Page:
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Submitted by Nikolay Stefanov, posted on March 20, 2001

Image Description, by Nikolay Stefanov

These are a couple of pictures from a CSG demo I've been working on for the past few days. Features include :
  • BSP-style CSG (Naylor's algo)
  • thick BSP planes
  • DirectX 8 rendering
  • loading of X files for primitives
  • command line interface
  • horrible asserts from time to time :-)
  • I plan to release the demo and the source in the next few days, as soon as I optimize the code a bit. Btw, the 1011 FPS are real :) This is what you get from TBird 800 / GeForce2 with a few vertices in a buffer.

    Nikolay Stefanov aka Oligopod

    Image of the Day Gallery


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    Archive Notice: This thread is old and no longer active. It is here for reference purposes. This thread was created on an older version of the flipcode forums, before the site closed in 2005. Please keep that in mind as you view this thread, as many of the topics and opinions may be outdated.
    Richard Garand

    March 20, 2001, 09:27 AM

    looks really nice. Do you export the results?


    March 20, 2001, 10:55 AM

    Very nice!
    Do you plan to give your command line interface the ability to perform batch processing?

    Bemmu Sepponen

    March 20, 2001, 11:34 AM

    > load fly
    > load seth_brundle
    > add fly seth_brundle brundlefly
    Objects combined at molecular level.


    March 20, 2001, 11:37 AM

    Have you ever heard of Insect Politics?


    March 20, 2001, 11:50 AM

    Not yet because I'm still struggling with DirectX 8 interfaces :-) The final demo will have that ability.


    March 20, 2001, 11:52 AM

    I already have this ability, although it doesn't show from the picture. I plan to include several of these files in the demo so that people can tweak them.


    March 20, 2001, 12:15 PM

    Would be cool to have a mesh class that can encapsulates CSG operations ;-)



    March 20, 2001, 12:22 PM

    Nah, just add some operators to your meshes.
    Works really cool, so you can add meshes, subtract 'em, whatever.


    Mesh new_mesh = cube + pyramid;
    new_mesh -= cylinder;


    March 20, 2001, 12:34 PM

    Looks cool!

    What size of objects can you handle before you start grinding to a halt?

    I recently coded a CSG thing, and had it running at around 30fps with 2 objects each around 2-300 faces intersecting.. (just flatshading, on a GeForce2)..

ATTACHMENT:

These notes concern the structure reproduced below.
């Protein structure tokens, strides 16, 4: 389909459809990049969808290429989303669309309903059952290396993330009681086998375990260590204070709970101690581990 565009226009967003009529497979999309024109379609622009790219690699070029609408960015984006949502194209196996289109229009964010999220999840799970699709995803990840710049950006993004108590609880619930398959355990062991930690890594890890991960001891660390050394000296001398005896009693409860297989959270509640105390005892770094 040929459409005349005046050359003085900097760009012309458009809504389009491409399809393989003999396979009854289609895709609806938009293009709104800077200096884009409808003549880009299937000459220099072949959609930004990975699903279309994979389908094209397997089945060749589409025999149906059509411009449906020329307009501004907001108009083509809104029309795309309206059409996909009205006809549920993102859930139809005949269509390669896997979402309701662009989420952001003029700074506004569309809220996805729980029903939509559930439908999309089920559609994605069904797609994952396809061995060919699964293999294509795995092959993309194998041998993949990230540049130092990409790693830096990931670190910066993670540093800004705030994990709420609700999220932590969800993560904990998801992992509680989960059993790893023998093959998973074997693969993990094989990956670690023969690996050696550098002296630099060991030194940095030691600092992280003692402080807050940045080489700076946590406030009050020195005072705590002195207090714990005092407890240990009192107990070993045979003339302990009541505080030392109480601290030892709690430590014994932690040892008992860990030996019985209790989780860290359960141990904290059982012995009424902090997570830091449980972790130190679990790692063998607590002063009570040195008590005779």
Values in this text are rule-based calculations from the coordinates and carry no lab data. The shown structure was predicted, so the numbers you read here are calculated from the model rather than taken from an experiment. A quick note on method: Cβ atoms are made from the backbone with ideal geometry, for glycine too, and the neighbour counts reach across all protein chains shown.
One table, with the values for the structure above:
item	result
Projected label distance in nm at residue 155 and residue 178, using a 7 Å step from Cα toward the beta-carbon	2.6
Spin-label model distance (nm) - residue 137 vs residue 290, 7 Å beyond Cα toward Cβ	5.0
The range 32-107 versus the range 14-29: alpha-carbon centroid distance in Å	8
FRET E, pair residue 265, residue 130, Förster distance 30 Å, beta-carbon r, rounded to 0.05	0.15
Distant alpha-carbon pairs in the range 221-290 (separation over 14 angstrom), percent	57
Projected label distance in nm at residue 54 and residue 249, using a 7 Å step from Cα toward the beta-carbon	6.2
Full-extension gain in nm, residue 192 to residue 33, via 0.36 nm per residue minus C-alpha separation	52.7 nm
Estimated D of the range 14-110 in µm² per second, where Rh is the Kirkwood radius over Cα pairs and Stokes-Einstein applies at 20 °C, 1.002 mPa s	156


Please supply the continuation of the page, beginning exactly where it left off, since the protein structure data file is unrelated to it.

Tobias Franke

    March 20, 2001, 02:06 PM

    What the hell is a CSG?


    March 20, 2001, 02:11 PM

    I think CSG is Constructive Solid Geometry or something like that


    March 20, 2001, 02:29 PM

    Yup, it is.
    Basicly, it's just boolean operators on solid volume descriptions.


    March 20, 2001, 02:55 PM

    Stupid me tried to drag the window in the image to have a better look at the other images underneath..

    Anyhow - very cool - how does your engine handle epsillion sized triangle slivers when you've csg'd an object several times? Do you have any plans for a polygon "optimization" pass for this, to remove over tesselation?

    Mech game where you can literally melt holes through your opposition - now that'd be sweeeeeet.

    Good work man.


    March 20, 2001, 03:10 PM

    i'm very interested into coding boolean operations can anyone say me where i can find tutorial, source code, & all the things i need??


    March 20, 2001, 03:42 PM

    Actually, I am not descending the BSP tree every frame (not drawing correctly back-to-front), I just draw a static vertex buffer, which is filled by the "show" command. So even thousands of faces draw fast enough (>300fps)



    March 20, 2001, 03:47 PM

    I don't handle these ####ing holes (T-junctions or whatever) in any way still, because I don't really know how to :)
    I am now working on the code that merges coplanar polygons that are on the same node of the BSP tree. I have left that for the last moment, after I finish with the basic functionality



    March 20, 2001, 03:50 PM

    Here is a good place to start (and in fact the only one I know)

    I will release the source code to this demo soon. If you have any questions, feel free to ask :)


    m a d r i g a l

    March 20, 2001, 04:02 PM

    Can your algorithm (naylor) work with objects that have holes?
    I'm trying to find an algorithm that doesn't have the contraint of objects need to be solid.
    Looking forward to your demo (and the code of course)

    - Ron


    March 20, 2001, 04:15 PM